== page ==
True stories of old Houston and Houstonians: historical and personal sketches / by S. O. Young. Page: 229
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HOUSTON AND HOUSTONIANS 229
stream. In time the big stump became greatly worn and finally
almost useless, so it was determined to remove it and substitute
a post. It occupied the exact spot where the best leverage could
be obtained, so its removal was absolutely necessary. It was
no easy thing to do, so after much cutting and digging it was
decided to blow it up with gunpowder. Holes were bored in the
stump and these were filled with powder and a fuse was attached.
About twenty-five pounds of powder was used and as a
big explosion was looked for, everybody ran for cover when the
fuse was lighted. The fuse sparkled a bit and then apparently
went out, but a minute later little puffs of smoke showed it was
still burning. The crowd was on tiptoe of expectancy, looking
momentarily for the big explosion, when they were horrified
to see this man I speak of come out of some coffee bean weeds
that grew on the bank further up stream and walk direct to the
stump. People shouted to him to go back but he paid no attention
and calmly advanced, puffing a big cigar. He went to the
stump and, finding that the fuse had really gone out, he lighted
it with his cigar and stood there while it sputtered and went out
again. Then he picked up the fuse, examined it and threw it into
the bayou. Kneeling down, he raked the loose powder into a
train and coolly touched it off with his cigar. There was a terrible
explosion and everything in the vicinity of the stump was
hidden from view by smoke. When it cleared away the chap
was flat on the ground, entirely unhurt. How he escaped being
killed or seriously injured was a miracle. Now, if any of the old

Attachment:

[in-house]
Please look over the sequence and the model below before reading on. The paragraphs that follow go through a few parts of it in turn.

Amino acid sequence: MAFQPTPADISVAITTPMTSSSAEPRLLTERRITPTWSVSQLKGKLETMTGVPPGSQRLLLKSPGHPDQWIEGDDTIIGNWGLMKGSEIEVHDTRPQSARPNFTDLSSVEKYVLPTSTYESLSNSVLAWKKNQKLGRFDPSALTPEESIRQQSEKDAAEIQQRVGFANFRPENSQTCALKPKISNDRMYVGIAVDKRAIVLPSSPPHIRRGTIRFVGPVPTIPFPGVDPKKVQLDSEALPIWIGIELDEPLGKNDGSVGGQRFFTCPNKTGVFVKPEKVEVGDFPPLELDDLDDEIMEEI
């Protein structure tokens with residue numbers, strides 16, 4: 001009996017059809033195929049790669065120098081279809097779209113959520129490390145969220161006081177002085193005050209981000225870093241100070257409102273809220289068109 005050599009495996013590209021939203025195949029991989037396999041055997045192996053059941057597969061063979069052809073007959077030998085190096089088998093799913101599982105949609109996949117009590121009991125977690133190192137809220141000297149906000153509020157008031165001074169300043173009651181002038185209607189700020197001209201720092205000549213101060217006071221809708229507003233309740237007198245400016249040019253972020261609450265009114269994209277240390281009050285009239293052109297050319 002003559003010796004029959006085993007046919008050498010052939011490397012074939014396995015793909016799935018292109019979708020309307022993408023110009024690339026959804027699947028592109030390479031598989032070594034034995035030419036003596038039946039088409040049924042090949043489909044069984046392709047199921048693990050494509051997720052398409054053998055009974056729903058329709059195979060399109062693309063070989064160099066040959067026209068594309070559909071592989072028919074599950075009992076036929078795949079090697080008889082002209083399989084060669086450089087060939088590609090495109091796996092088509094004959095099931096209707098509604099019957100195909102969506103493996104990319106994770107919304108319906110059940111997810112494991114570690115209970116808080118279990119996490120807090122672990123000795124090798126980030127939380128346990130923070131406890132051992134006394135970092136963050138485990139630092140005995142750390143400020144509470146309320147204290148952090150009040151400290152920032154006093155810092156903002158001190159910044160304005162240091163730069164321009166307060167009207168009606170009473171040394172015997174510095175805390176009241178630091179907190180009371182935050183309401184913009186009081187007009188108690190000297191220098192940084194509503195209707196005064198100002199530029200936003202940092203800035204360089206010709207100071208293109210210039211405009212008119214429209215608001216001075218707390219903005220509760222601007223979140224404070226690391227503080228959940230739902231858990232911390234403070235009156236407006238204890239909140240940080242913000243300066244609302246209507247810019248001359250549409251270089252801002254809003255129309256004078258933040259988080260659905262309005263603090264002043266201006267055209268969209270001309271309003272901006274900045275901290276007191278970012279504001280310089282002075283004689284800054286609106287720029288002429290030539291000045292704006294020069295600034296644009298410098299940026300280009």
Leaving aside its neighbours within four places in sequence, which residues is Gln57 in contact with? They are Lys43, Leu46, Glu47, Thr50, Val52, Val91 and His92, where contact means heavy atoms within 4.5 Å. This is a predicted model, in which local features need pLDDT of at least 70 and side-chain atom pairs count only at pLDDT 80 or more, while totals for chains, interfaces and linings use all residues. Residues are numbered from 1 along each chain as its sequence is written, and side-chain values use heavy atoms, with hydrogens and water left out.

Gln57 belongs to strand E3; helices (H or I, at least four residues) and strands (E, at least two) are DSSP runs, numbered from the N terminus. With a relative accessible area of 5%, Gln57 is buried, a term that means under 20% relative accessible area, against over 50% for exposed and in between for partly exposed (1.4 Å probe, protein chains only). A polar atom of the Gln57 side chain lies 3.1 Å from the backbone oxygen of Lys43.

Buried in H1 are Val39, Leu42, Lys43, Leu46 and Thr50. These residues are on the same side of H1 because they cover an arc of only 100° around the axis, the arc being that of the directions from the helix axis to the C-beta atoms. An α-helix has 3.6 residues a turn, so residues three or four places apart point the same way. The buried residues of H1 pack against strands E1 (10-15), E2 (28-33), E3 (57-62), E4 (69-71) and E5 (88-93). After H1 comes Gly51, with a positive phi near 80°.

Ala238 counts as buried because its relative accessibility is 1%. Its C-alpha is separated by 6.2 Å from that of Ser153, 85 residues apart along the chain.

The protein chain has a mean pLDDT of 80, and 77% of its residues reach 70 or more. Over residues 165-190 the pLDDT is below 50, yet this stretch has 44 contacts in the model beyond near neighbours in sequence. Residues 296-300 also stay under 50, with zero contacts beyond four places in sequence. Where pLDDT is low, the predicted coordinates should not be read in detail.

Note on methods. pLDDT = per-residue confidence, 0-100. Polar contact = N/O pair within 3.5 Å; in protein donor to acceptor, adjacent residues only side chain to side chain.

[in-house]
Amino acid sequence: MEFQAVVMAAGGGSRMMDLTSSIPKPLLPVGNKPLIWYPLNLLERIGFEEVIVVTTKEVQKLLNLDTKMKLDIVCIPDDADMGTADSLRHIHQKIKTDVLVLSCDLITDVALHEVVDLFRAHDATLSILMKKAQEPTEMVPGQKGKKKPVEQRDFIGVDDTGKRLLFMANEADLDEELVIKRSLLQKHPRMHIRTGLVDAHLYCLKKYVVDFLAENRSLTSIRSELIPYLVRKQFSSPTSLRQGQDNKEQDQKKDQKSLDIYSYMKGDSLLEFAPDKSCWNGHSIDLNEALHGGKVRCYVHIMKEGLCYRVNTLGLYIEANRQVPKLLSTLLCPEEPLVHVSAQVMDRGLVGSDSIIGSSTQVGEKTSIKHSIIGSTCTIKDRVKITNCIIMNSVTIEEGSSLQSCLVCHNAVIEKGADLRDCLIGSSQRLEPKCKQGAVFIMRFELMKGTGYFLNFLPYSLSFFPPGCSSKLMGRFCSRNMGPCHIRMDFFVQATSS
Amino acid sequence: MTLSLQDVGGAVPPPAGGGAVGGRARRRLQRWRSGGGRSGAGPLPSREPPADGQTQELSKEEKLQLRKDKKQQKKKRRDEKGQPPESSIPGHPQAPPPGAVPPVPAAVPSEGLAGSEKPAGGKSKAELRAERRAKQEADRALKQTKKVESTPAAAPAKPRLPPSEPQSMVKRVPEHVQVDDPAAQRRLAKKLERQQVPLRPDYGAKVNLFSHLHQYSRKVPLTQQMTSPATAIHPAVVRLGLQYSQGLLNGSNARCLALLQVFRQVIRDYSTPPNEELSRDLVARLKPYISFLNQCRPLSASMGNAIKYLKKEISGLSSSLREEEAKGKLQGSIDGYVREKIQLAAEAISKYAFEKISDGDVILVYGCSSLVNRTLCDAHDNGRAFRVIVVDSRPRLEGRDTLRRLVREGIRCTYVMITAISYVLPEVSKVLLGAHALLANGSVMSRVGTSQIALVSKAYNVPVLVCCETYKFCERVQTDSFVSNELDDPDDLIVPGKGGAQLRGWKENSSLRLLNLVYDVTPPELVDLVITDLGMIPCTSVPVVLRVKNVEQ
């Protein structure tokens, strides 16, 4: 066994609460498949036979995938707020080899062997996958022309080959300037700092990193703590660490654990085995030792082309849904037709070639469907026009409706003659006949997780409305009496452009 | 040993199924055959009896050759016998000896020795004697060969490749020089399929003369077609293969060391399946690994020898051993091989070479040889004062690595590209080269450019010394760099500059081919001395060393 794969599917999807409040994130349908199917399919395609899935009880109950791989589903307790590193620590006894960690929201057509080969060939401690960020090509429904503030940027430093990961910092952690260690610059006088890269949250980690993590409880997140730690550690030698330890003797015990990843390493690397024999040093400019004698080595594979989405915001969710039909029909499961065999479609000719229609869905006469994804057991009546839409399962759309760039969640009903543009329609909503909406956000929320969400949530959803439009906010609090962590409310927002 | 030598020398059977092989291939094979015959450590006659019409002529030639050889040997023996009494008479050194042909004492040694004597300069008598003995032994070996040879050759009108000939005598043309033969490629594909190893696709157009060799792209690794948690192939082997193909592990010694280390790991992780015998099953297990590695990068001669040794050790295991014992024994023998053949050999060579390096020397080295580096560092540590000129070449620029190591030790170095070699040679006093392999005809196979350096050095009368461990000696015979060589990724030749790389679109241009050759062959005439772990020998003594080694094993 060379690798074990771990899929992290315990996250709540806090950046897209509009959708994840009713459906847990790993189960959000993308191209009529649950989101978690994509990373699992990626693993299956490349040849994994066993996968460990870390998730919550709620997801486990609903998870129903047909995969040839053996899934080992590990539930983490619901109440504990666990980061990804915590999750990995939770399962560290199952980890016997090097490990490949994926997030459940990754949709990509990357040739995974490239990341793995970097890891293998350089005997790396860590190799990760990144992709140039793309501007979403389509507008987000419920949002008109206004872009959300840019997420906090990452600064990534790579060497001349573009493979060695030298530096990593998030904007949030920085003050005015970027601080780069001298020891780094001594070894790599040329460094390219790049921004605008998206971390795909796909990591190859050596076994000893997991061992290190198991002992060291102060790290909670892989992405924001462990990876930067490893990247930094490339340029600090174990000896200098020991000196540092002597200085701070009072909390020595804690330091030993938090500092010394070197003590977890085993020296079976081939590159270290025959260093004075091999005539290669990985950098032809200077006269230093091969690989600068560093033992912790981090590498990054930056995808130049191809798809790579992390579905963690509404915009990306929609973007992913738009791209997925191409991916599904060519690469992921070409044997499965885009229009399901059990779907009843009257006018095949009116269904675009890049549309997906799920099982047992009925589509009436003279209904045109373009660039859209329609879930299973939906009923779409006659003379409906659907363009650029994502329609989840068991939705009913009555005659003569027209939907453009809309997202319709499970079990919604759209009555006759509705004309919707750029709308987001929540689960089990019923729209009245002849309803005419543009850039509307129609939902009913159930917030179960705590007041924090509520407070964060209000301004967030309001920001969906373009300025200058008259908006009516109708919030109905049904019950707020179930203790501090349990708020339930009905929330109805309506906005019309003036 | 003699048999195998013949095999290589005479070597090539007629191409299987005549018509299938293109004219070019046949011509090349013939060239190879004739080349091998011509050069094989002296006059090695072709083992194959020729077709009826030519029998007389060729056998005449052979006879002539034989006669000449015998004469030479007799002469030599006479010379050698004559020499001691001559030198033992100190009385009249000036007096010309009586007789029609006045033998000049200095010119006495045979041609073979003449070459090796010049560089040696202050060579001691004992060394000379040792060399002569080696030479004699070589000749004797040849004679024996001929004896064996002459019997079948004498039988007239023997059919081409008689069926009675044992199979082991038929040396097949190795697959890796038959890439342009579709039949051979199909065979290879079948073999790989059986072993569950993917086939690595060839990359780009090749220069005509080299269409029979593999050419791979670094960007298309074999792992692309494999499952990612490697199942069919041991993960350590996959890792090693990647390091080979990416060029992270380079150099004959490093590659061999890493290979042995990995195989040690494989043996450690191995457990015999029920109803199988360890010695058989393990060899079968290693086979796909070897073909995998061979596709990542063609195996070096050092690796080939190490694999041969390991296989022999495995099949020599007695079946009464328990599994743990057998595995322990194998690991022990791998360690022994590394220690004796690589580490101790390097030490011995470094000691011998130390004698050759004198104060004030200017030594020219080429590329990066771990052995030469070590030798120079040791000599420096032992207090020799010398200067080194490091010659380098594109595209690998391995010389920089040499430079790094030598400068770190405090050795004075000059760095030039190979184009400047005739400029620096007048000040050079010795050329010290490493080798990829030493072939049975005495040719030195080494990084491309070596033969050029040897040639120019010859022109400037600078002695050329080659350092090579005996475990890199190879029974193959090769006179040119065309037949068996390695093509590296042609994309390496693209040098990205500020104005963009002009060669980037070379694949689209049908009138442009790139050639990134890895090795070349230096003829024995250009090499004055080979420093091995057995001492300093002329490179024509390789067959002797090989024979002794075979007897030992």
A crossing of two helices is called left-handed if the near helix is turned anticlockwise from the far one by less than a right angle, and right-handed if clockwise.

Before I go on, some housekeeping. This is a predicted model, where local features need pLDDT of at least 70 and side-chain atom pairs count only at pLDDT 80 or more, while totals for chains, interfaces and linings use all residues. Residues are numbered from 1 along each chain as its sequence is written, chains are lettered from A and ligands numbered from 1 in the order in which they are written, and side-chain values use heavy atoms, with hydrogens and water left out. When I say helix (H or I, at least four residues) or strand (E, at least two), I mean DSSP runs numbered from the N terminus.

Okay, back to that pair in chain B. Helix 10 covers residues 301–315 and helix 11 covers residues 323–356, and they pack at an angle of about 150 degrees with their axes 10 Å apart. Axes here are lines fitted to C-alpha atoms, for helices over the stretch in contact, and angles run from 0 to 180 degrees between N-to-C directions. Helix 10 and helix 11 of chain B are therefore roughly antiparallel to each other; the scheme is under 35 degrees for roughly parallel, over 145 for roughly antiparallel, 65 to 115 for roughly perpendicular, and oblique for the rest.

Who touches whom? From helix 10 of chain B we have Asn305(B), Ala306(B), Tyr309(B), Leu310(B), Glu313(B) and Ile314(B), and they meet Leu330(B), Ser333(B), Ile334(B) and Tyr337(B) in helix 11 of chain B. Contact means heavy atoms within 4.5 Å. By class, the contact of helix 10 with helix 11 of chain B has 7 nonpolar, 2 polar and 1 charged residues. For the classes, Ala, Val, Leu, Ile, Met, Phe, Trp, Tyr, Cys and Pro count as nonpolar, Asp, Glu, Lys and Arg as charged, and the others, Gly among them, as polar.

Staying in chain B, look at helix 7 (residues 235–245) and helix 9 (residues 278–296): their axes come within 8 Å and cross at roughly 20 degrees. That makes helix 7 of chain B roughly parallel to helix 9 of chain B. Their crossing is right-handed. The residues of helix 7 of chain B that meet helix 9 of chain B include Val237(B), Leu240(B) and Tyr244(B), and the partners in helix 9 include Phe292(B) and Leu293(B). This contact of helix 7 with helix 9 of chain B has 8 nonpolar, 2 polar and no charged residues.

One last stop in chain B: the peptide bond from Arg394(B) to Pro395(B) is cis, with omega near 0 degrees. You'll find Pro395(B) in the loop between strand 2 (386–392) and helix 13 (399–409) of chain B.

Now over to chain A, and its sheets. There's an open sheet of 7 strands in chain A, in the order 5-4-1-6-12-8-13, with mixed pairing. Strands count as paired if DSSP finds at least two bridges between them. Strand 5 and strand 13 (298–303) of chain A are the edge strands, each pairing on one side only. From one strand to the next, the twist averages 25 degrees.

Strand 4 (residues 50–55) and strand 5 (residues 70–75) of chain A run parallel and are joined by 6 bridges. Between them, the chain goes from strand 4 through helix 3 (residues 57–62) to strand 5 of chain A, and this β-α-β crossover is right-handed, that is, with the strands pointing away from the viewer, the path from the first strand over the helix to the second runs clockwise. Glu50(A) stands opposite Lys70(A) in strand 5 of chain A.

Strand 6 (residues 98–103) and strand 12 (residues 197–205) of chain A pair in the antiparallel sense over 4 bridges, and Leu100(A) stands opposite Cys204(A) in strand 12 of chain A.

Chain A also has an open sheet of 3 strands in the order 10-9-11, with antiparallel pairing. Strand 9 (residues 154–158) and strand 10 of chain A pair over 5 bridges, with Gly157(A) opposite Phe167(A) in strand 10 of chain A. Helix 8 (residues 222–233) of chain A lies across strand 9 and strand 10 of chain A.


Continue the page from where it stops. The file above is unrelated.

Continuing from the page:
timers, and there are lots of them in Houston, more than I ever
dreamed of, remember these two men and their queer doings
they can give The Chronicle some very interesting reading
HOUSTON'8 FOUR BRICK COURT HOUSES.
I WAS much interested in a discussion that took place yesterday
afternoon between an old citizen and a county official,
relative to the court house history of Harris County. The
old citizen contended that the present magnificent building is
the fourth brick court house that has been erected on that block.
The county official said that there had been only three and he
could prove it by the county records.
Now, if the county official-be correct the county records are
radically wrong, for this is the fourth brick building that has
been erected there. Long before my day, and in fact before the
day of any one except the very, very old settlers, there used to
be a frame building on the northwest corner of the square, which
was the original court house, while the jail was another frame
building on the southeast corner. In the early 40's these buildings
were torn down and a small two-story brick court house
was erected in the middle of the block. The jail was located at
the north end of the market building, which was a long frame
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Young, Samuel Oliver. True stories of old Houston and Houstonians: historical and personal sketches / by S. O. Young., book, 1913; Galveston, Texas. (texashistory.unt.edu/ark:/67531/metapth24646/m1/229/: accessed June 22, 2017), University of North Texas Libraries, The Portal to Texas History, texashistory.unt.edu; .